On Saturday as I got dressed I looked at myself in the mirror and caught a glimpse of what I thought were abs. I stood there in my underwear and thought, “Hell, I look great.” So to capture this moment, I popped on my gym wear and took a photo. Looking back at the photo, I thought, “Hmm, I look better in real life.” Regardless, I decided to post it anyway. I wanted to share a message about confidence and health.
The overall message to go with the photo of my not-so-defined-abs was to be happy and healthy. To work hard at feeling physically good. But after ten minutes, a couple of nice comments and one ‘fair enough’ (a pet peeve) I decided to delete it. I had felt anxious that I was putting myself out there and it wasn’t a comparison photo like I had done before.
The comparison photos felt like they had more purpose. This picture felt like I was vain, superficial and showing off a body that wasn’t worthy of such action, let alone more than ‘fair enough’.
After tweeting that I was inspired by the likes of Em and Lydia for their drive, determination and healthy yet balanced lifestyle, I decided to delete the photo. Em then congratulated me on posting it. I suddenly felt ashamed for removing the post.
How could I try and send a message of confidence, if I wasn’t confident in myself?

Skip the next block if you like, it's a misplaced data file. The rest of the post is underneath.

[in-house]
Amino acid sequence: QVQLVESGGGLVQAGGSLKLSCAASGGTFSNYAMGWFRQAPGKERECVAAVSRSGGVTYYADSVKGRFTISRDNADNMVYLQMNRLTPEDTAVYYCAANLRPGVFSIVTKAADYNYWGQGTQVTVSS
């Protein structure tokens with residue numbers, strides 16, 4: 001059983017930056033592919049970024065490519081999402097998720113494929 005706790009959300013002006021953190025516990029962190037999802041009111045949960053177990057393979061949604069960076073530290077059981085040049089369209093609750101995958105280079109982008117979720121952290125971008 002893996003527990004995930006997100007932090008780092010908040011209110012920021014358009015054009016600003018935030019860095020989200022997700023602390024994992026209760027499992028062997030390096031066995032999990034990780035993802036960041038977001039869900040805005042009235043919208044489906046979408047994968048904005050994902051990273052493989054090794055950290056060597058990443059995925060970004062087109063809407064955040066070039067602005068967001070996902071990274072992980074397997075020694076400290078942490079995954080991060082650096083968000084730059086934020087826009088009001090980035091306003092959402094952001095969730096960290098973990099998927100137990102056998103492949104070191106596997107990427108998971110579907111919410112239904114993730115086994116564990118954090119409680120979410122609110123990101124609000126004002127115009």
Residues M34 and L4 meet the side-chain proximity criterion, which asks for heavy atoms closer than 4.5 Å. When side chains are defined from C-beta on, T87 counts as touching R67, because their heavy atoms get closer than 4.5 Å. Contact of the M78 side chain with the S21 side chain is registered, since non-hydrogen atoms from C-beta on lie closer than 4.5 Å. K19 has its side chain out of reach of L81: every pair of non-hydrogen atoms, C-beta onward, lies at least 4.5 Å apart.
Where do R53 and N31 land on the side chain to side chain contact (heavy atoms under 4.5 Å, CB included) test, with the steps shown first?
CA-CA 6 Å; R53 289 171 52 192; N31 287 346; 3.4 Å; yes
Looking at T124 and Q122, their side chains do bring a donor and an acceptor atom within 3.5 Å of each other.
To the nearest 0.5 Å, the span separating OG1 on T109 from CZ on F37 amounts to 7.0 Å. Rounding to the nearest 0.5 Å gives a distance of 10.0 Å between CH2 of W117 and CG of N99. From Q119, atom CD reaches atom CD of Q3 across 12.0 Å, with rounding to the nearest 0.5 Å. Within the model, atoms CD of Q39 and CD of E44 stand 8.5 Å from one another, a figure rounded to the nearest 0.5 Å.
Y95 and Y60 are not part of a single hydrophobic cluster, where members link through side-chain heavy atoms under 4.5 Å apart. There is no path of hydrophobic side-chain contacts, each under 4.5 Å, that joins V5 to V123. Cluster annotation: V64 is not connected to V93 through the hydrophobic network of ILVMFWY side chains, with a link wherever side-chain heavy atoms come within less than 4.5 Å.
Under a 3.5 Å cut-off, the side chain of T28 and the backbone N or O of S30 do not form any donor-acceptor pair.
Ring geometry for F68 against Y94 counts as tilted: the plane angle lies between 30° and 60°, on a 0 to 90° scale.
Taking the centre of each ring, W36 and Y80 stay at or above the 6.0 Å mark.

What. A. Hypocrite.
And that’s something I don’t like. Hypocrites and liars.
So, what did I do? I re-uploaded it.
I deleted this picture that I posted earlier. When I first posted it I explained how it’s important to feel good about yourself and be healthy over the desire to look good. And then it hit me, “I don’t look that good.” I felt like a big hypocrite. And I am. How I can I tell you to be comfortable if I’m not okay with it myself?
So, after having @emshelx in my corner, I decided SCREW IT. This is me. It won’t be me in a month but this is me now. I am a 25 year old, size 10/12 women with the rolls and lines that a lot of women my age have. And we are beautiful. I won’t be like this in a month because I’m still working out hard and will be improving my eating habits. But I’ll still be happy and I’ll still be me. Thank you to Em for being supportive to girls like me. It makes all the difference.
Upon re-posting the picture, I felt a sense of achievement. No, I wasn’t directly uploading a progress photo side by side to show how well I had done but it’s certainly progress in my confidence. I am showing a snippet of my fitness journey and will continue to do so in my quarterly fitness journal posts.
Suddenly, I felt liberated to overcome my fear of being judged. I should be happy to say, “This is what a twenty-five-year-old who works out three times a week and eats whatever she likes, looks like.” And then in a few weeks time, I will be able to post, “This is what that same twenty-five-year-old looks like when she stopped having so much pizza.” Because that’s the reality of it. It’s great to show what other bodies look like. Not just the amazingly toned bronzed beach babes. And heck, maybe one day I will look like them. But for now, this is me.
Because that’s the reality of it. It’s great to show what other bodies look like. Not just the amazingly toned bronzed beach babes. And heck, maybe one day I will look like them. But for now, this is me. I have lines, I have rolls and I have hips that won’t quit. But there are a lot of people who do. And they are beautiful.